Bringing me to the subject of submitting these works for publication in ezines, journals, magazines or anthologies. I haven’t done that yet and am intentionally waiting before sending them off to various spots. Why? First, the time I’m devoting to the 20 Minutes a Day project seems plenty for now in this writing process, particularly when coupled with my work as a writing coach and editor, which right now is keeping me plenty busy. (Hurray, this is seasonal so I will steel myself for slower times). Also, I want to let these stories marinate and then go back and read them. Some are better than others and those will be the ones that I tackle anew and add or delete or reconfigure a bit. Right now, I want to be happy that I’m completing this commitment to myself: writing a minimum of 20 minutes a day.

So, I’ll keep rolling with this. I see the benefits. I do have some readers at this point and readers make me happy. Plus, writing and publishing on this blog reminds me that I truly am a writer. That’s not always easy to remember when you’ve written a memoir and a novel and neither have found representation yet. It’s surprising how much reinforcement is needed to keep the energy going for a project that may or may not pay off with actual money in the end.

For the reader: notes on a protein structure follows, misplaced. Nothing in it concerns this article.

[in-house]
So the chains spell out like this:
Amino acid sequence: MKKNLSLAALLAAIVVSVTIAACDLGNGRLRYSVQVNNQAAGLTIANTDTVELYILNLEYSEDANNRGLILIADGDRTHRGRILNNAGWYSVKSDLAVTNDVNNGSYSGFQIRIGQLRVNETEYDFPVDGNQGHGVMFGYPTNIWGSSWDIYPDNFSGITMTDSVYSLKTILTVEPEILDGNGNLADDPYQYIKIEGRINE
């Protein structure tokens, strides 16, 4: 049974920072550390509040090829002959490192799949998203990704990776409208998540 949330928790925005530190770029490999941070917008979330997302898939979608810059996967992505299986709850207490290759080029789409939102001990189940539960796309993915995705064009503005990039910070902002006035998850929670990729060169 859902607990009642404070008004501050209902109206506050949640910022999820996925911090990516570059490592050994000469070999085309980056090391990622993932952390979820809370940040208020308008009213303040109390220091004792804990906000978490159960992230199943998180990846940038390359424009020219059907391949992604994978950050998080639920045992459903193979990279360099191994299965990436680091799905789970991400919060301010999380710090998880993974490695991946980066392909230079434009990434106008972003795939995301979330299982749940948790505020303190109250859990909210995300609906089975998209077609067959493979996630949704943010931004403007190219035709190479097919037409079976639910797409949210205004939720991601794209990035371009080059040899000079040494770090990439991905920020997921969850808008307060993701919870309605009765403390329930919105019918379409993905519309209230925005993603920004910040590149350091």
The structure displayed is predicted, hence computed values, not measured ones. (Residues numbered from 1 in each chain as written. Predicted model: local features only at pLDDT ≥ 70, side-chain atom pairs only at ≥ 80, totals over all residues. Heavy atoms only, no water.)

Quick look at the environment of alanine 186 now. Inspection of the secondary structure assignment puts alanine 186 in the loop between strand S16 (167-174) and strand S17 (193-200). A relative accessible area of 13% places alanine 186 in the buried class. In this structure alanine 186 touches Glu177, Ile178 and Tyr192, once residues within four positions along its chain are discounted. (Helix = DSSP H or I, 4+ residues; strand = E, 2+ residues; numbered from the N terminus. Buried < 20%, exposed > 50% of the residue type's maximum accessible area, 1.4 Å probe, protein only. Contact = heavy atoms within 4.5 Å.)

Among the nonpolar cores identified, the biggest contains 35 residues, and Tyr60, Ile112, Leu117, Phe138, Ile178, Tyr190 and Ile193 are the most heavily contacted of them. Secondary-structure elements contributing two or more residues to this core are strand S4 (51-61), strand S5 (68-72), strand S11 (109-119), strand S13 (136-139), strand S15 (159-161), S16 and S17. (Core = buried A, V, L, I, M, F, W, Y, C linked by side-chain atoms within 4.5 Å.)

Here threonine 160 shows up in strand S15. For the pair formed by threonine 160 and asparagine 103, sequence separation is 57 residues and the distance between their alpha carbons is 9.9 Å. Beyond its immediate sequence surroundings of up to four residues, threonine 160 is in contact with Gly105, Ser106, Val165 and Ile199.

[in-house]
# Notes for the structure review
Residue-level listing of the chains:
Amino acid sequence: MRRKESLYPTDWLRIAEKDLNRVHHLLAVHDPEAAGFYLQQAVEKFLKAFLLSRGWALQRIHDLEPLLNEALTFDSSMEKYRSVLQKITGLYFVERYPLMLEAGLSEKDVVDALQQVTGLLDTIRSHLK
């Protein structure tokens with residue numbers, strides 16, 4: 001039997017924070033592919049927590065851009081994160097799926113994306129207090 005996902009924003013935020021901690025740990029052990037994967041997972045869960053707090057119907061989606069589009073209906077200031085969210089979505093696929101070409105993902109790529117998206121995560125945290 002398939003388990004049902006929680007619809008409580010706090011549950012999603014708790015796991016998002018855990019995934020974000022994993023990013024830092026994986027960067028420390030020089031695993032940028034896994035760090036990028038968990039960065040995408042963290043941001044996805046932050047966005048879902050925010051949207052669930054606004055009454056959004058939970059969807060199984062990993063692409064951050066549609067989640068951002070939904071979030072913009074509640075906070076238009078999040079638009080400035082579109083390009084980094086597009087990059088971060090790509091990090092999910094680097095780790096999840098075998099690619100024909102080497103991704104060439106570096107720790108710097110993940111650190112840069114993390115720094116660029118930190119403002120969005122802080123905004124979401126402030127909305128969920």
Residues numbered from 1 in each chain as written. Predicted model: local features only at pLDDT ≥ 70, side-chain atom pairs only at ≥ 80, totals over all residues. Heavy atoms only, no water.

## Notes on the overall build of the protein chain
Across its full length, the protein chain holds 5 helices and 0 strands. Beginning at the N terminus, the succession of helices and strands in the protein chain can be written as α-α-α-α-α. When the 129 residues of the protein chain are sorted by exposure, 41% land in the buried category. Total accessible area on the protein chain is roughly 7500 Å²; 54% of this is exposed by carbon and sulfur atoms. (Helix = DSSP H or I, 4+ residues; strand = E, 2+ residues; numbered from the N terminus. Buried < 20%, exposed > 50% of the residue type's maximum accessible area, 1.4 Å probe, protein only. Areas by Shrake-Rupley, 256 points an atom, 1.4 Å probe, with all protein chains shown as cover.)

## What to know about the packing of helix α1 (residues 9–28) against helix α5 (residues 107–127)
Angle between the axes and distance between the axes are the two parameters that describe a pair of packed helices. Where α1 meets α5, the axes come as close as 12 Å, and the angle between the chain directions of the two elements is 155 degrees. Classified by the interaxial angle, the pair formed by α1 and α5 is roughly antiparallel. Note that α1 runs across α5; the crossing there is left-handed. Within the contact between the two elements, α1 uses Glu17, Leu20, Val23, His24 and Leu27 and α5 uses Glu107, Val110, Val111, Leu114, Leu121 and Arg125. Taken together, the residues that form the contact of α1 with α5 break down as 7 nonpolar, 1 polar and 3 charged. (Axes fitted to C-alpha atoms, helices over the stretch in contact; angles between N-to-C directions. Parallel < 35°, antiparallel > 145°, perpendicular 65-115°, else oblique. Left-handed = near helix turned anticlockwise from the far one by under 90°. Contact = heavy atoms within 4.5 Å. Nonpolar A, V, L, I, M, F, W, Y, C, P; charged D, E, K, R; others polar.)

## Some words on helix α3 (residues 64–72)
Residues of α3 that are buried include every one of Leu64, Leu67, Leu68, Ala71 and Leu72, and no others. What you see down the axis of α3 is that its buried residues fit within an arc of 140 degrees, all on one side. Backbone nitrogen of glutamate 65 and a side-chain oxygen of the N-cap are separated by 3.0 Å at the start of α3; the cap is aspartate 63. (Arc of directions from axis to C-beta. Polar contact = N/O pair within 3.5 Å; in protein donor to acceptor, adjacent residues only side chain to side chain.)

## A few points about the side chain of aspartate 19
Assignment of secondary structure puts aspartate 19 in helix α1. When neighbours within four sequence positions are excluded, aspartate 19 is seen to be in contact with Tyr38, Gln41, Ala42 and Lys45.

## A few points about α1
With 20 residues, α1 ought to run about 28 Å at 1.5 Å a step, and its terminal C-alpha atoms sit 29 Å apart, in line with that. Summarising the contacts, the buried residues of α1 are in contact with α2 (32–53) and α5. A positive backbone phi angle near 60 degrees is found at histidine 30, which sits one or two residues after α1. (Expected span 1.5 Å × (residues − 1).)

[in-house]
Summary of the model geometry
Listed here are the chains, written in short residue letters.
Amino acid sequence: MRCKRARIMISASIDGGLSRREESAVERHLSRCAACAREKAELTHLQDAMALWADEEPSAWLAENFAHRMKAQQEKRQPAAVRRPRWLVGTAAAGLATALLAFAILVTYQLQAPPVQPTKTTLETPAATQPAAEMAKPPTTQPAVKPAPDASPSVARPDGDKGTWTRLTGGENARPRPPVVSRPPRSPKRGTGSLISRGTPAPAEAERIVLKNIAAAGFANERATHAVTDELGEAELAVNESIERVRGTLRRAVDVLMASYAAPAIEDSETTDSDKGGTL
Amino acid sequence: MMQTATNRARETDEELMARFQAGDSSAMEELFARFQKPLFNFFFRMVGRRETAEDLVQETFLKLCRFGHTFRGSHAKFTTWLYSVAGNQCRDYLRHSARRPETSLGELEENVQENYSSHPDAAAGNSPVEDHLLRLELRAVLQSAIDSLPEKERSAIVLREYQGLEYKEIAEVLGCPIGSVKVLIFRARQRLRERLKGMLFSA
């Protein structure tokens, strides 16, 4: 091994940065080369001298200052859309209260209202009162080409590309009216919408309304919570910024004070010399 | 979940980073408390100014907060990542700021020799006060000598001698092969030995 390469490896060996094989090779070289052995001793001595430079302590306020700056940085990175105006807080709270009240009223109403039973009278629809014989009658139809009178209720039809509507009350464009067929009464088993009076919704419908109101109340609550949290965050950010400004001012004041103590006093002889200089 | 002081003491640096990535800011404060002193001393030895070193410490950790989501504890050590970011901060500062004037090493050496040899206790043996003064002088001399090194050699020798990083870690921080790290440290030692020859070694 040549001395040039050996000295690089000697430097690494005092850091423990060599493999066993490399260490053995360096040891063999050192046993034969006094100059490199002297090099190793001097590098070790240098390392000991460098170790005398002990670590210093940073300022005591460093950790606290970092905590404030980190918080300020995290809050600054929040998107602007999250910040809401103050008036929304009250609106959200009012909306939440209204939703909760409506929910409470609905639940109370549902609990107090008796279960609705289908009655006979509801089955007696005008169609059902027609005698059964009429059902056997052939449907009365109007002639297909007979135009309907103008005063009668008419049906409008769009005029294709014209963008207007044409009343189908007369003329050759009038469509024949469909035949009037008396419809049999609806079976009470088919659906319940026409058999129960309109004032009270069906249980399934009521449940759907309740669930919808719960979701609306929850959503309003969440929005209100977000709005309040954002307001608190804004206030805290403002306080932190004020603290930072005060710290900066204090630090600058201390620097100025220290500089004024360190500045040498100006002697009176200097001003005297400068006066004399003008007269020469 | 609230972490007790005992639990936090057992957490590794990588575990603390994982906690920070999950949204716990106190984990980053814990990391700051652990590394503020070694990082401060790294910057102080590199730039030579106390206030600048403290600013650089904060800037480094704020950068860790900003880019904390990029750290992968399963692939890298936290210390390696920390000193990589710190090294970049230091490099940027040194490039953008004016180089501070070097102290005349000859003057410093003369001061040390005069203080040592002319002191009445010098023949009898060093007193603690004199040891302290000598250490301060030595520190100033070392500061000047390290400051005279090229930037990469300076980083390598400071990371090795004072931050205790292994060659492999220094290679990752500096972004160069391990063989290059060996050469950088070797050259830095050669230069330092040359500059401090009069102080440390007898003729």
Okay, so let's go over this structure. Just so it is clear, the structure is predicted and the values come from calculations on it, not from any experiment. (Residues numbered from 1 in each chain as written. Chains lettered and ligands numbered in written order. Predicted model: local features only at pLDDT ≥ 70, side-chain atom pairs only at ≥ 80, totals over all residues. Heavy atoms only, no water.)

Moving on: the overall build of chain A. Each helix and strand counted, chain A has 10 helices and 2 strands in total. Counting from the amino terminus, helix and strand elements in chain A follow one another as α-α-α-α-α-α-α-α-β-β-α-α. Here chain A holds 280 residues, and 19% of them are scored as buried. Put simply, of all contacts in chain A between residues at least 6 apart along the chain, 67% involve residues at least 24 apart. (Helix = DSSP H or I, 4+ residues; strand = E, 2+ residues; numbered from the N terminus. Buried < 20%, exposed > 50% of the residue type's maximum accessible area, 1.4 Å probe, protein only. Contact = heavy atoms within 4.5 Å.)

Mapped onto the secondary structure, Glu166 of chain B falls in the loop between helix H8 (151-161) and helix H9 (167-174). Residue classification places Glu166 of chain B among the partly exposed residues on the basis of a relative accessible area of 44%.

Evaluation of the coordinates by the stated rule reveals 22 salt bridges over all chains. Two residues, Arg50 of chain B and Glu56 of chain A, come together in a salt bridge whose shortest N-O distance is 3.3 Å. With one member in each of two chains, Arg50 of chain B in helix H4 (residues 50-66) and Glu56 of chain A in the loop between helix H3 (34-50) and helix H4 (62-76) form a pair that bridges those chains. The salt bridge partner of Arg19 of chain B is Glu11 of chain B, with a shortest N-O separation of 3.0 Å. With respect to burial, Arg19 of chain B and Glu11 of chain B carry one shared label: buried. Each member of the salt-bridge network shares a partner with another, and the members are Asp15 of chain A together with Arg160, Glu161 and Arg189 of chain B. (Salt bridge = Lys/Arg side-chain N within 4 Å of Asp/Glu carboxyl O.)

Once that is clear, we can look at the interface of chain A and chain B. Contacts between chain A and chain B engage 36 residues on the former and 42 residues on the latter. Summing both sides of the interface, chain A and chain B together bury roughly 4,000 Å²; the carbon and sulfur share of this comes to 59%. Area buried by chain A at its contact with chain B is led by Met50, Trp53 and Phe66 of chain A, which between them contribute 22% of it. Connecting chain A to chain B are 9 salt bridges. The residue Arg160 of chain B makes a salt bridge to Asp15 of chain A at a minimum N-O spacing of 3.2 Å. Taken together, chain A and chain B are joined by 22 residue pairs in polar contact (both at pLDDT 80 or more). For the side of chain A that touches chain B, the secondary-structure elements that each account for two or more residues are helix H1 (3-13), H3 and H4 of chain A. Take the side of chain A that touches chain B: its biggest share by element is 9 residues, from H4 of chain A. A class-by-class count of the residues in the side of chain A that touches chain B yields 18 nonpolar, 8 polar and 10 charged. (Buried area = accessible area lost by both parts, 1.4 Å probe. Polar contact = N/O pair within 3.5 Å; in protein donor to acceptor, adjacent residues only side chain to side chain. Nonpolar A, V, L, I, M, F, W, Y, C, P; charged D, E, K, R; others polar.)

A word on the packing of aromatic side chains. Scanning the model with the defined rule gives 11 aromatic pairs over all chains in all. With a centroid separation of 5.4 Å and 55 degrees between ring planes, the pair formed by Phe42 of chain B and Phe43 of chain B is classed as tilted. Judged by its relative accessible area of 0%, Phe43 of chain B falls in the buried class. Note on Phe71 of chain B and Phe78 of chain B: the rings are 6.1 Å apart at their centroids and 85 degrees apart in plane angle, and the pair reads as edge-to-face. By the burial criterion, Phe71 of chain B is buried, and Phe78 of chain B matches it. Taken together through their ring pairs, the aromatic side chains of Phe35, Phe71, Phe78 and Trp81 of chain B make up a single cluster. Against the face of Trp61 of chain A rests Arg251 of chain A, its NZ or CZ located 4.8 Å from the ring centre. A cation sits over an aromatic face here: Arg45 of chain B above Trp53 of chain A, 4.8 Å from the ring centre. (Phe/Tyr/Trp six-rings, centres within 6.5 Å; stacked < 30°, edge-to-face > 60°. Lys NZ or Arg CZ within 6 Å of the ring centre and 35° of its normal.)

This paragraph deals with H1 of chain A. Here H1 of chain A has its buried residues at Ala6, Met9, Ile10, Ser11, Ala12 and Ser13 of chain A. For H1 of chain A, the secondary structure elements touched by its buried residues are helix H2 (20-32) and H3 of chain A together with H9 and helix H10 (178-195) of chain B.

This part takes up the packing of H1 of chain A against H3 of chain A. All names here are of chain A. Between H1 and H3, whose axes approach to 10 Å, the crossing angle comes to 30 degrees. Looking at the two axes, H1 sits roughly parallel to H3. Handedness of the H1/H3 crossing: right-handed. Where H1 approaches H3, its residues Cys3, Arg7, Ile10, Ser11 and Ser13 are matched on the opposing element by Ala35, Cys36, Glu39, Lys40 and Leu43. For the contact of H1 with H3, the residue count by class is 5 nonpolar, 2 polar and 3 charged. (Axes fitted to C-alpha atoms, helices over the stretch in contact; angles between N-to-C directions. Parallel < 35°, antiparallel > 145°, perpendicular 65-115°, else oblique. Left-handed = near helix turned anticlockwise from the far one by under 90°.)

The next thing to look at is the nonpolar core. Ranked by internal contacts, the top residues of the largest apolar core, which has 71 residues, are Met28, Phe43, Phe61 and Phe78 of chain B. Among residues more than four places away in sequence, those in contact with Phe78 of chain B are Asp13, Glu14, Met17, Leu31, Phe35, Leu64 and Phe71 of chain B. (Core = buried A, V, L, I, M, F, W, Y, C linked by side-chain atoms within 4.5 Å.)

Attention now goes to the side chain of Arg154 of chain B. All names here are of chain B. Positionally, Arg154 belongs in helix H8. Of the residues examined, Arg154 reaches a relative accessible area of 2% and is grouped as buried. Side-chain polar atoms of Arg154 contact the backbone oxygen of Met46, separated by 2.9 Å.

Which brings me to my last point: external validation. Life is hard and kudos are wonderful and money is even better, but alas, that isn’t necessarily the way is works with artistic endeavors. You do those out of pure love and hope like hell they pay off in the end with cash. It’s hard to predict whether that will ever happen, but pursuing your artistic dream will pay off in personal growth, higher self-esteem, and giving you a much more interesting life since it is passion-filled. That, in the long run, trumps money, though I would love to have both.

For now, I’ll just be happy I’m building a daily discipline and know that is good enough.